This display can be found in the Science Building.
On Jan. 20, 2009, the inauguration of the 44th President of the United States Barack Obama was on the minds of the American people. According to CNN, 1.5 million people gathered to watch the inauguration of the 44th President of the United States, Barack Obama, at the National Mall on Tuesday.
While at least one of Dominican's students, Evisa Kalemaj, attended the inauguration and the Inaugural Ball (as an Inaugural Scholar), the majority of the Dominican community watched the President take the oath of office from various locations on campus. Check out the Feb. 4 Dominican Star for more on Evisa's inauguration experiences.
Dean of Rosary College of Arts and Sciences Jeffrey Carlson said,"The University decided to have as many viewing venues as possible to accommodate what we thought would be a strong interest among many in the community." This was a great strategy as many classes were canceled to relocated to an inaugural viewing area to allow students to soak in the moment.
Students and faculty alike viewed the historical event in the Library Link. Dean Carlson sat in front of me during the viewing and Angela Frazier-Asiedu, assistant dean of advising services, sat to my left.
Frazier-Asiedu said she "cried through the whole thing."
"As I watched the first family come through the tunnel, I was gleaming. These people looked like me. The daughters reminded me of me and my sisters when we were that age. I was so proud. And then, Aretha Franklin began to sing and the tears began to well up," Frazier-Asiedu said.
Emotions of "joy, disbelief (wow, this was really happening), peace, thankfulness and pure pride" took over Frazier-Asiedu as President Obama took the oath of office.
"I could not contain my expressions," she said. "His words were strong and showed his leadership right out of the gate. He not only gave Americans hope, but I think he gave the world hope."
Students and faculty stood at the back of the Library Link as CNN broadcast live coverage from Washington. By the time President Obama gave his speech, the standing area overflowed into Lewis Hall and into the library. (Unfortunately, I was not able to get a photo of the intense crowd as there was no way to get out of my seat. Also, I did not want to disrupt those around me as the moment in Washington captivated everyone in the area.)
The Social Hall also displayed the inauguration. A large screen showed CNN's live coverage and rows after rows of seating allowed students to take part in the moment. Freshman Marco Colapietro viewed the inauguration in the Social hall.
"Watching the event in the Social Hall (with all my peers) was a once in a lifetime opportunity," he said.
As inaugural events progressed and President Obama's speech came closer and closer, more people gathered in the Social Hall. The standing area that was unoccupied, became more and more full as the clocked ticked. In the photo above, you can even see President of Dominican University Donna Carroll gathered to take part in this event. Junior Kacey Hahn was also in among the Social Hall's viewers.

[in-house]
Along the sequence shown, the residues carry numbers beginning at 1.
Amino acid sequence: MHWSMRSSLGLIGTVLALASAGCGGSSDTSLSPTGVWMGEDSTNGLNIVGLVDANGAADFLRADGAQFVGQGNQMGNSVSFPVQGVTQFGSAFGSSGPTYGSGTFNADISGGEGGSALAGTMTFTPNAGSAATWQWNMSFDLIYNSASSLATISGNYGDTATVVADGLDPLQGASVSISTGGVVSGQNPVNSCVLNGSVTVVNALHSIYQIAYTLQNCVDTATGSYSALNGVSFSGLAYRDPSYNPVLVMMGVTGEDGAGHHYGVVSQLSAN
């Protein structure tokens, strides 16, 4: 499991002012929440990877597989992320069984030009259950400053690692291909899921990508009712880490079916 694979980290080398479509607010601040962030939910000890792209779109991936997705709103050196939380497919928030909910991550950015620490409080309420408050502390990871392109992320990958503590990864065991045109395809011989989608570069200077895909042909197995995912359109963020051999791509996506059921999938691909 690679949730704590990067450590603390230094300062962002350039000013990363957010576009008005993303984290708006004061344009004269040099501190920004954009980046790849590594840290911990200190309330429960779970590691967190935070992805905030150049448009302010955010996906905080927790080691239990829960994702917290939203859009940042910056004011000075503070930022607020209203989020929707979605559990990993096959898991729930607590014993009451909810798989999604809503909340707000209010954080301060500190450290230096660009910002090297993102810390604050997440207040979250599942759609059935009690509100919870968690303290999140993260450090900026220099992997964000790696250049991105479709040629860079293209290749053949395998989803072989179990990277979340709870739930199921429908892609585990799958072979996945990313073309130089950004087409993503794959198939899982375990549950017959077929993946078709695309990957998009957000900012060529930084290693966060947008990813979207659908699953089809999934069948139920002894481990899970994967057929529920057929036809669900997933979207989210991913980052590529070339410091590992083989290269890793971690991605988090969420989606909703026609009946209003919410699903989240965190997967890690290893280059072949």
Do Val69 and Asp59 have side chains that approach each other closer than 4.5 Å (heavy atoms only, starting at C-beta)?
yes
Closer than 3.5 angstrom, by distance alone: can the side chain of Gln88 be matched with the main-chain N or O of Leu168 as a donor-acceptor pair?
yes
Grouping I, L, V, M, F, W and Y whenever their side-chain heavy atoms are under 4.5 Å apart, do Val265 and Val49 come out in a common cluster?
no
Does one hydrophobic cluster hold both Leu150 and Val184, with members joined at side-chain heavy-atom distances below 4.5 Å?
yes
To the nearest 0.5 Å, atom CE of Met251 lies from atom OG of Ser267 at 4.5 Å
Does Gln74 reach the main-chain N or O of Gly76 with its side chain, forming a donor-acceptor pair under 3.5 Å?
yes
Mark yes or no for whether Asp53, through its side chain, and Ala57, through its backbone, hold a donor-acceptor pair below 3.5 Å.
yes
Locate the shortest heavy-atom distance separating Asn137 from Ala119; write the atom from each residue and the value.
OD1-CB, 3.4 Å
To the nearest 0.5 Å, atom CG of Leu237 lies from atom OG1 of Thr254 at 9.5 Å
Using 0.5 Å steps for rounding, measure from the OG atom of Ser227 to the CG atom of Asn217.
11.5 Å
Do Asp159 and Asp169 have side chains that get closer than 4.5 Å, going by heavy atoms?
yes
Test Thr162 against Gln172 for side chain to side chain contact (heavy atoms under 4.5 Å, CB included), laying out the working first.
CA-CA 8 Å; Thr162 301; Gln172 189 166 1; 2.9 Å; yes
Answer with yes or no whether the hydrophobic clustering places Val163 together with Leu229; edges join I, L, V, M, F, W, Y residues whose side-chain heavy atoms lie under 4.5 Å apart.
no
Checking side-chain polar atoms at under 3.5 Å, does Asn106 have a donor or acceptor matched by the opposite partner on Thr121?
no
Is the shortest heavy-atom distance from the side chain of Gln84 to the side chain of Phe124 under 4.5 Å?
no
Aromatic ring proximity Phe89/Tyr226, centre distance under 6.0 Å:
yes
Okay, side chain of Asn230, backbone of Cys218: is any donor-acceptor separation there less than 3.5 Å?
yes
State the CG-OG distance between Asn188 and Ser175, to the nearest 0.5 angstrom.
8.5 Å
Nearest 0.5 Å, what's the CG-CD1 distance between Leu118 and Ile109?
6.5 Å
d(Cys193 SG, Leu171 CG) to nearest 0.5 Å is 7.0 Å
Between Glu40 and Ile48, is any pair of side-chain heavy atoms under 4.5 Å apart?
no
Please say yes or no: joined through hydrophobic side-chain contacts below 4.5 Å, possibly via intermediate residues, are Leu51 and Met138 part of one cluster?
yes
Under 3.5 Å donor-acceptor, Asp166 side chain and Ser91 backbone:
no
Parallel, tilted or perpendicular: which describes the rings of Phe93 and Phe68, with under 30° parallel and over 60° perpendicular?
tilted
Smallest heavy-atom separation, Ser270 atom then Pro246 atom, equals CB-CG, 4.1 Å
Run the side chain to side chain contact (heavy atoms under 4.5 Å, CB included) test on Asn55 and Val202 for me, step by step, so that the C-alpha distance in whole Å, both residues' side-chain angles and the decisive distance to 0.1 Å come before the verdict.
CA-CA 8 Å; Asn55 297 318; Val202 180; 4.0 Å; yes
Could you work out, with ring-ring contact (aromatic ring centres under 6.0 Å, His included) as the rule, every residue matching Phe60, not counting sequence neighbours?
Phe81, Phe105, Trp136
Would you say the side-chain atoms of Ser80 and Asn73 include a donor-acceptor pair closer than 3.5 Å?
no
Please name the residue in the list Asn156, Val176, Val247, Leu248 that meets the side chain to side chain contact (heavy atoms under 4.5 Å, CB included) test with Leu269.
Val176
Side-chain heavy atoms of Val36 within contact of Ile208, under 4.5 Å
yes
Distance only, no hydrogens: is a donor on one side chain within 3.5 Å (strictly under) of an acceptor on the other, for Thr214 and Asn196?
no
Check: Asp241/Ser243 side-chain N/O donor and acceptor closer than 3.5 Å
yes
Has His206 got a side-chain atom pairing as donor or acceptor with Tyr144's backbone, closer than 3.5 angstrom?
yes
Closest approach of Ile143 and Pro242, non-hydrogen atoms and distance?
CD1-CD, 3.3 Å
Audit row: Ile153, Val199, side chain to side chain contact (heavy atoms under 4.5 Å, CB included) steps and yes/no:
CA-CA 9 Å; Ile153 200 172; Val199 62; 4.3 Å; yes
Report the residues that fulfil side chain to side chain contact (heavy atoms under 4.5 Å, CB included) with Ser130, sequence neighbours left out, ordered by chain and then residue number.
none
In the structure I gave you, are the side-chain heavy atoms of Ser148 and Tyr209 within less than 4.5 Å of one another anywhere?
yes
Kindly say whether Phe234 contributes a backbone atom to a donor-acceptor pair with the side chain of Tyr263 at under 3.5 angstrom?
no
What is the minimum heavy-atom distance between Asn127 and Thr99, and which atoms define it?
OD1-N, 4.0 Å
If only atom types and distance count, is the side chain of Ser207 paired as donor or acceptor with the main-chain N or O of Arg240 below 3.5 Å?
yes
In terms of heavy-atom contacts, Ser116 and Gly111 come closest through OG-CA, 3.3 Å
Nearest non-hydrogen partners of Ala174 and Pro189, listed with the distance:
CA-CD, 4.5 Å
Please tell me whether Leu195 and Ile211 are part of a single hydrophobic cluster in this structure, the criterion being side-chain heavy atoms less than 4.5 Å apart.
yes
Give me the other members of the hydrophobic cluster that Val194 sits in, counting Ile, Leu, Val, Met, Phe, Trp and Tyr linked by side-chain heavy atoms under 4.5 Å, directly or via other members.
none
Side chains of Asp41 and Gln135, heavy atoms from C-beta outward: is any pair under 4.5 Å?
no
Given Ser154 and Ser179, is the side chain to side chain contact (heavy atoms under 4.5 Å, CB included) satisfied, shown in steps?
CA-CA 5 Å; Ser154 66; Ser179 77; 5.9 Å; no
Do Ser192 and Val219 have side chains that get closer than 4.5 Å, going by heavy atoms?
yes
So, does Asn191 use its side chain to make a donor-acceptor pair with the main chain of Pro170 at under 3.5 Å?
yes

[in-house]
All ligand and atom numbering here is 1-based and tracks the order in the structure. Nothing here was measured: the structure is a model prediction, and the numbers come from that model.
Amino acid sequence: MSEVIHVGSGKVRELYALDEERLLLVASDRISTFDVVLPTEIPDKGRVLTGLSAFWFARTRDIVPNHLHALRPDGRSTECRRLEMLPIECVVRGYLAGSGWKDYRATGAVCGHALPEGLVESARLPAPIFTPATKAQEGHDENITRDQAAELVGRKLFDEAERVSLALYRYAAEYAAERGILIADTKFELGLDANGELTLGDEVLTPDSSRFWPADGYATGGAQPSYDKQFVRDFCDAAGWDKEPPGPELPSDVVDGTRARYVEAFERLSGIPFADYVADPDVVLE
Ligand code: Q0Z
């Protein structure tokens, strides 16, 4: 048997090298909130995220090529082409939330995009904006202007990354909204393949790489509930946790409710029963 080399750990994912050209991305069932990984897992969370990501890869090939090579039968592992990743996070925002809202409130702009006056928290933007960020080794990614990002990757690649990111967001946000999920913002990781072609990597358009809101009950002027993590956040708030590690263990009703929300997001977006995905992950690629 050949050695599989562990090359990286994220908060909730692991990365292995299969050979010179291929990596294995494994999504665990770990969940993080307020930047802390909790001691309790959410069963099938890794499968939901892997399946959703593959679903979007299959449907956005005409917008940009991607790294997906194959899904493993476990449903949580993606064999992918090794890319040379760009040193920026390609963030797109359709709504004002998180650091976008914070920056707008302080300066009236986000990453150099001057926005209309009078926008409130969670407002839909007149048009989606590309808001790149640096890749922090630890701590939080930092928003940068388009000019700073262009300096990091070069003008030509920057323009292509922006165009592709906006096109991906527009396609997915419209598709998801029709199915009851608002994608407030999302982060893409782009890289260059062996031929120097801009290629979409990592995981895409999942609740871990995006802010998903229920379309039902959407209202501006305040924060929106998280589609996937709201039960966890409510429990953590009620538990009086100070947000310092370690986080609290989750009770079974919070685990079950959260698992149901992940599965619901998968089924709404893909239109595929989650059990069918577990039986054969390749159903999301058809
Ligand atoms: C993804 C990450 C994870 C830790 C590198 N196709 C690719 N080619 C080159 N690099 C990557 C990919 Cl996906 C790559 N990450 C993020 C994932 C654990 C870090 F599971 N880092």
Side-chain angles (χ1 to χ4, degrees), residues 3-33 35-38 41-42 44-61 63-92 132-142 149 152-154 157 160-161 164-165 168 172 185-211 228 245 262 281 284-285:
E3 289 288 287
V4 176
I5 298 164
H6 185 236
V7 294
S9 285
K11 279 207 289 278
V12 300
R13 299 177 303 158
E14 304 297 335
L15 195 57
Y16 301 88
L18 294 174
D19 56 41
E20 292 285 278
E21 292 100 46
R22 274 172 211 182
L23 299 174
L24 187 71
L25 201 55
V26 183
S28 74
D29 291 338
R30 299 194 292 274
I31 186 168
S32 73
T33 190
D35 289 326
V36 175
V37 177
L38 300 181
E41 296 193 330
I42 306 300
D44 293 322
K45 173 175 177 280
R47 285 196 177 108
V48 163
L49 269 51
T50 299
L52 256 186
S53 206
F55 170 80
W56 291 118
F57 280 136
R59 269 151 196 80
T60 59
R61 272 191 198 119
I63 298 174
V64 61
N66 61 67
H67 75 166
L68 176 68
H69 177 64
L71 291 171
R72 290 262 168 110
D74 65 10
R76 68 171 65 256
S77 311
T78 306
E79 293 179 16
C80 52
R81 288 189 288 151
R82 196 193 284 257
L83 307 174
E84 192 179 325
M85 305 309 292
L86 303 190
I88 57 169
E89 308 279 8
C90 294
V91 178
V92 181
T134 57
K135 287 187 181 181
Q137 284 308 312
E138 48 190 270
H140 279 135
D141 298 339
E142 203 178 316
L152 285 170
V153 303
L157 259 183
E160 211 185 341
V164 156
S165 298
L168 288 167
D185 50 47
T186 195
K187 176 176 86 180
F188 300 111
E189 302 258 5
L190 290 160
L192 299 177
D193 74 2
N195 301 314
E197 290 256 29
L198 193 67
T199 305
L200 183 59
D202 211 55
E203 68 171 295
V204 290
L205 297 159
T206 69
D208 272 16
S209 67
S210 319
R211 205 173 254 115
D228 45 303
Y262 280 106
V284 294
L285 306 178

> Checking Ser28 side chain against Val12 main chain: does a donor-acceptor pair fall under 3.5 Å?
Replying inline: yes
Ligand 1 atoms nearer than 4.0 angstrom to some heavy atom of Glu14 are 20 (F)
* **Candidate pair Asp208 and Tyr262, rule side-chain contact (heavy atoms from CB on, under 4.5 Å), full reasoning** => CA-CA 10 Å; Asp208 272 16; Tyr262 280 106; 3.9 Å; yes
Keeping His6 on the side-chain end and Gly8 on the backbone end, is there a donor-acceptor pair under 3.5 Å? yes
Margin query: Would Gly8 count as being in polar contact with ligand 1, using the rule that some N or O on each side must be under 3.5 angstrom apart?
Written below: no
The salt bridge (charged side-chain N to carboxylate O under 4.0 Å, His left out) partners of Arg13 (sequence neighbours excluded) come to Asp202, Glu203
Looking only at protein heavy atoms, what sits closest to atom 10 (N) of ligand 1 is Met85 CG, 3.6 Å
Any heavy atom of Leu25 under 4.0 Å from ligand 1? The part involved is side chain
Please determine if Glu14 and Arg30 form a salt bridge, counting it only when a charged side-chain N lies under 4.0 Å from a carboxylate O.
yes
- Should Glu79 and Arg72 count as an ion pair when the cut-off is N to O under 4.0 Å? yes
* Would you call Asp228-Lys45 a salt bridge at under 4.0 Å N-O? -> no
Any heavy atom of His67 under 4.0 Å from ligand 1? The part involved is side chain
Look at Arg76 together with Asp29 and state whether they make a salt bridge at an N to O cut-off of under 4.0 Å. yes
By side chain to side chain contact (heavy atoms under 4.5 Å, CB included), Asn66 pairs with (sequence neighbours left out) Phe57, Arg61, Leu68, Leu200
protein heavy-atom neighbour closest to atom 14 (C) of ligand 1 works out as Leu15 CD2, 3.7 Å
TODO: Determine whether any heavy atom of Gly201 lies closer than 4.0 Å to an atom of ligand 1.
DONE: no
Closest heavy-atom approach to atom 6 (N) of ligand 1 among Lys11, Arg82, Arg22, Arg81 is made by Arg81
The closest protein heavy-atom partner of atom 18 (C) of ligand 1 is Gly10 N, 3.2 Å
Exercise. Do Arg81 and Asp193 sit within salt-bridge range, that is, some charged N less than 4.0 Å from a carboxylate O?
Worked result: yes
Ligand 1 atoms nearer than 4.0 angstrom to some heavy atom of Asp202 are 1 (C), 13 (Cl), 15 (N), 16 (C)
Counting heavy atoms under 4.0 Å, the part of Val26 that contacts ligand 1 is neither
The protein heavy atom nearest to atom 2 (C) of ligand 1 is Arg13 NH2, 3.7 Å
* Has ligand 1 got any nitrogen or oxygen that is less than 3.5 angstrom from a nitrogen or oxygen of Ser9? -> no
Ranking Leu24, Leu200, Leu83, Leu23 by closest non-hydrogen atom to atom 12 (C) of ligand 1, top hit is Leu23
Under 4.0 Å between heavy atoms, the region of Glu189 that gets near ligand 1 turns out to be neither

"There were a ton of people there. Students were there, teachers there, all of Dominican was there," she said. "It's great DU showed the inauguration especially because it's such a big milestone. DU made it so that students wanted to go."
The Springer Suite was also a host of the inaugural viewing. Students and faculty gathered, mesmerized by the events taking place in our nation's capital.
As you see above, most people watching the inauguration appeared to be so glued in to the TV screen. Seriousness was present. Focus was present. Emotion was present.
The Cyber Cafe also became a viewing spot for students and faculty. These students watched the inauguration in between classes.
Inauguration viewings were also held in Parmer Hall and the Priory Campus. This election was the first election many students were able to participate in, and Dominican University embraced students' interests by hosting many viewing areas throughout campus. Frazier-Asiedu said watching the inauguration with her "work family was amazing."
"I was grateful that the University felt like this event was important enough to show throughout the campus," she said. "This gave the DU community to participate in an historical moment together."
Patriotism was a large presence that not only took over Washington, but the Dominican community as well...the cafeteria even had a cake for lunch decorated like the American flag and said: "President Obama...Yes We Did!"